This legislation provides various tax incentives to help return millions of people to their jobs, including enhancements to the Employee Retention Tax Credit, and a modest tax credit for many Americans who choose to travel again.
3. Driving a centralized plan for recovery in Europe
Outside the US, Travelport is a member of the European Tourism Manifesto, an alliance of more than 60 European public and private organizations. It actively calls on EU policy makers to support the travel sector with a centralized approach — rather than each country making and adapting its own rules, restrictions, and plans.
We’re urging European governments to agree on a harmonized approach to travel restrictions within the region. This makes it simpler for everyone, especially travelers, to understand — which will help to restore confidence and get them moving again.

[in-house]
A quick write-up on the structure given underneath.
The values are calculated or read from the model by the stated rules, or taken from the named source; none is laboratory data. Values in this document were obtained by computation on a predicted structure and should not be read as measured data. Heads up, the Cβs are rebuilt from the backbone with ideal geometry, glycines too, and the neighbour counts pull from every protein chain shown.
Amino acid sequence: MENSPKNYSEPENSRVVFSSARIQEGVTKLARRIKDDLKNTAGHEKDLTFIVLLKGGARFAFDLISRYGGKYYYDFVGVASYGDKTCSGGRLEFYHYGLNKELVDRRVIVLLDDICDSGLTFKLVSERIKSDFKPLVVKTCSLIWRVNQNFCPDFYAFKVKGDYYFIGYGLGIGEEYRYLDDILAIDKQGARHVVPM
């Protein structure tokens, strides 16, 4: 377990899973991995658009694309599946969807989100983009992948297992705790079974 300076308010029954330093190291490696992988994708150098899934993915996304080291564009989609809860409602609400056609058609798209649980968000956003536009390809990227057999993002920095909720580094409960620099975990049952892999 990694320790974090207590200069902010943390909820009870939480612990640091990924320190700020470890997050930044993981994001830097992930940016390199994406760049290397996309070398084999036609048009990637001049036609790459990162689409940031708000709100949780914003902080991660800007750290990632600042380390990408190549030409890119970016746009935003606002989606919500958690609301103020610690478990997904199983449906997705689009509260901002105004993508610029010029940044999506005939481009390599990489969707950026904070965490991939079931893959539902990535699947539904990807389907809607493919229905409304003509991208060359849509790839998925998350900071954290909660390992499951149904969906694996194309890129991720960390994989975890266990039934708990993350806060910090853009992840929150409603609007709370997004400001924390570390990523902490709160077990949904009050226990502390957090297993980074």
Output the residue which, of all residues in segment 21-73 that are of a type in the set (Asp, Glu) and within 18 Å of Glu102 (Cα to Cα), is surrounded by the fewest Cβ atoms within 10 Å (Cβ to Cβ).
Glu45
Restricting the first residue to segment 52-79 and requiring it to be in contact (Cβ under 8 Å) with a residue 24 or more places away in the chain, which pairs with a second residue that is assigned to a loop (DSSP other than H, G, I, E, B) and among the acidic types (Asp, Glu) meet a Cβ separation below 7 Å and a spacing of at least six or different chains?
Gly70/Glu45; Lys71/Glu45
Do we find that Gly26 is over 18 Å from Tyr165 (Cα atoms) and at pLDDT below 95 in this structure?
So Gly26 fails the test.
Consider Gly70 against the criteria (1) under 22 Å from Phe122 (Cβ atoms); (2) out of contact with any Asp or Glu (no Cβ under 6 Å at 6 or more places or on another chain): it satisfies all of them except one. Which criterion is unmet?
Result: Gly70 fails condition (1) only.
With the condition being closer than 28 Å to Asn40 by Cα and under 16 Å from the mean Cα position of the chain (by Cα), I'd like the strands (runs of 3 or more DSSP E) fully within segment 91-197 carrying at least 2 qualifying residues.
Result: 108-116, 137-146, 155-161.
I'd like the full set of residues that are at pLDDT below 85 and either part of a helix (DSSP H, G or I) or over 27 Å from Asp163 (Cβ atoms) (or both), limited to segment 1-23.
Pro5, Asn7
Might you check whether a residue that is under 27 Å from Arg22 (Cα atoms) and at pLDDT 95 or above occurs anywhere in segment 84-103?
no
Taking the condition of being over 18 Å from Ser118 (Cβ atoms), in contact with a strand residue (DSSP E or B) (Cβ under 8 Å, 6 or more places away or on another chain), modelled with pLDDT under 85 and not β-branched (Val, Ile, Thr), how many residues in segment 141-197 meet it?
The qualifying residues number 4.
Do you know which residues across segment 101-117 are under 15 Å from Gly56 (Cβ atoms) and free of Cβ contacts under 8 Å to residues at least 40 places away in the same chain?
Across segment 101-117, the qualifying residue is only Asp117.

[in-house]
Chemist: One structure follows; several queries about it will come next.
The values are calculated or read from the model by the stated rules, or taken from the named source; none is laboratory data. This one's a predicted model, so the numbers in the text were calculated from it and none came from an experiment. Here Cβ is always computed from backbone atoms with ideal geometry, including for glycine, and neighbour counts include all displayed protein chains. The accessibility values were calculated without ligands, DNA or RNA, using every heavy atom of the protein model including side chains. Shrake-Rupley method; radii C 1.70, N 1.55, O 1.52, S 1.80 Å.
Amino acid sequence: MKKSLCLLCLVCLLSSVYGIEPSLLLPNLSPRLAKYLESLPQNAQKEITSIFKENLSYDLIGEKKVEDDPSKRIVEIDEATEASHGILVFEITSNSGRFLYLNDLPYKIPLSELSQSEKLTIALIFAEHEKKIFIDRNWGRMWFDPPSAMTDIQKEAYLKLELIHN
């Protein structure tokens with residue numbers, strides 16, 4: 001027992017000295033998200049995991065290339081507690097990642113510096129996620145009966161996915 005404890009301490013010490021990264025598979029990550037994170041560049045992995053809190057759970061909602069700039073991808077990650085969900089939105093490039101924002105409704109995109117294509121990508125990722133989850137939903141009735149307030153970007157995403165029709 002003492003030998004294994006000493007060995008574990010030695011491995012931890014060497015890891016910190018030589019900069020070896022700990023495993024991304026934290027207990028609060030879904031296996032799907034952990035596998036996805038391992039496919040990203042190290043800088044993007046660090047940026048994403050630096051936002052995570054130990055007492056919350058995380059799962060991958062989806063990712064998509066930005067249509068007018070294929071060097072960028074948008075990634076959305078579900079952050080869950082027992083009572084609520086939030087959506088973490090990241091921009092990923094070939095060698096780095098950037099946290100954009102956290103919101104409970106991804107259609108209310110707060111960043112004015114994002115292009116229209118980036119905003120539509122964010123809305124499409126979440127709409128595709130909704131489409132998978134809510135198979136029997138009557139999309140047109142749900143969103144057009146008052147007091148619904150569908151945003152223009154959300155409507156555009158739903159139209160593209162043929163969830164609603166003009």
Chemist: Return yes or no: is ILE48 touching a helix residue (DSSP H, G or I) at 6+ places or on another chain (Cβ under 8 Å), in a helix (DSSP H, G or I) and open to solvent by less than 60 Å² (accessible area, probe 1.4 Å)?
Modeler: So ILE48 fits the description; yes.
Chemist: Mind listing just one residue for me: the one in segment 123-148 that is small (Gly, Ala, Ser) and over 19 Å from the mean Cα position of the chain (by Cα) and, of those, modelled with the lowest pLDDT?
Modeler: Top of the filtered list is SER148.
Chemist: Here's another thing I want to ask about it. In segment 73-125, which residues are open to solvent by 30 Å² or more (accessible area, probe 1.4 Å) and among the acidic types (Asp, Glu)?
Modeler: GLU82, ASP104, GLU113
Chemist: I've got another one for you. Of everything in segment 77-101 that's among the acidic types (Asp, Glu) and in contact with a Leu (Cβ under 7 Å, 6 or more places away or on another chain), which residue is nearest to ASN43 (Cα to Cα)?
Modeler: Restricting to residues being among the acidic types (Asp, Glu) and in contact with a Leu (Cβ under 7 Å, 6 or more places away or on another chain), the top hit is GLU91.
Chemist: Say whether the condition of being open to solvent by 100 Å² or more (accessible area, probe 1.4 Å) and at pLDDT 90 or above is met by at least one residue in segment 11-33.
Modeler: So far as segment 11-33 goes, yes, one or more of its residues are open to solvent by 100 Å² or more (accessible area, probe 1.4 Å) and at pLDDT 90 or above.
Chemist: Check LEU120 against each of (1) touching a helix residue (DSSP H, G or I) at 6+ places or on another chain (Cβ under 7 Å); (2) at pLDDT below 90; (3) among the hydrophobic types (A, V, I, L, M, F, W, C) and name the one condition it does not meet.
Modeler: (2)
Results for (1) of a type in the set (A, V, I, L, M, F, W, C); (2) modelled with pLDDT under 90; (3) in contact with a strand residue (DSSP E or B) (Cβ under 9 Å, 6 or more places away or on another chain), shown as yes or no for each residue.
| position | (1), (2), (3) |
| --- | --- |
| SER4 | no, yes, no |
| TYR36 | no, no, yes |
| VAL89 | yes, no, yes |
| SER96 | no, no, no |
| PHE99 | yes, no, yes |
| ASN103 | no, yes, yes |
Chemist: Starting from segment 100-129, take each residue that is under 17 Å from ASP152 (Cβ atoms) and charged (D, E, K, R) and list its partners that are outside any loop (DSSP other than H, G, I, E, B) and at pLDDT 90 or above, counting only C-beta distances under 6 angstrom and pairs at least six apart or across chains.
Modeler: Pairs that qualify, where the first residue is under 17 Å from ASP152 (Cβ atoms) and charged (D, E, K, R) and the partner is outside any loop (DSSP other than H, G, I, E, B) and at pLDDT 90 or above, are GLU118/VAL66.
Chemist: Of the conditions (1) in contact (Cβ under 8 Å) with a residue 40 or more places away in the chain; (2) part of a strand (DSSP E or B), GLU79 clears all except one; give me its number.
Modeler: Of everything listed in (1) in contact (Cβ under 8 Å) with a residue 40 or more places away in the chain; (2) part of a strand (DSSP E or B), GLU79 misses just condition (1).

We’re also helping to ensure that travel gets the government support it needs to continue driving economic growth and job creation in Europe. Specifically, we’re advocating that travel and tourism is a part of national recovery and resilience plans. We’re also well as raising awareness on how new online payment rules impact travel recovery.
Global recovery needs us all
Earlier I said that it’s better for the travel industry to act together and seek support collectively. Rather than risk one voice being drowned out, we can be so much stronger, and more persuasive by presenting a unified front. Travelport has been using its seat at the table to speak up and support the industry associations that serve as a collective voice for the many, making sure nobody gets left behind.
By working together as an industry, we can deliver a more holistic approach that eliminates the need for varying travel restrictions at country level. We can also advocate for standards that allow for a safe, unambiguous return to travel.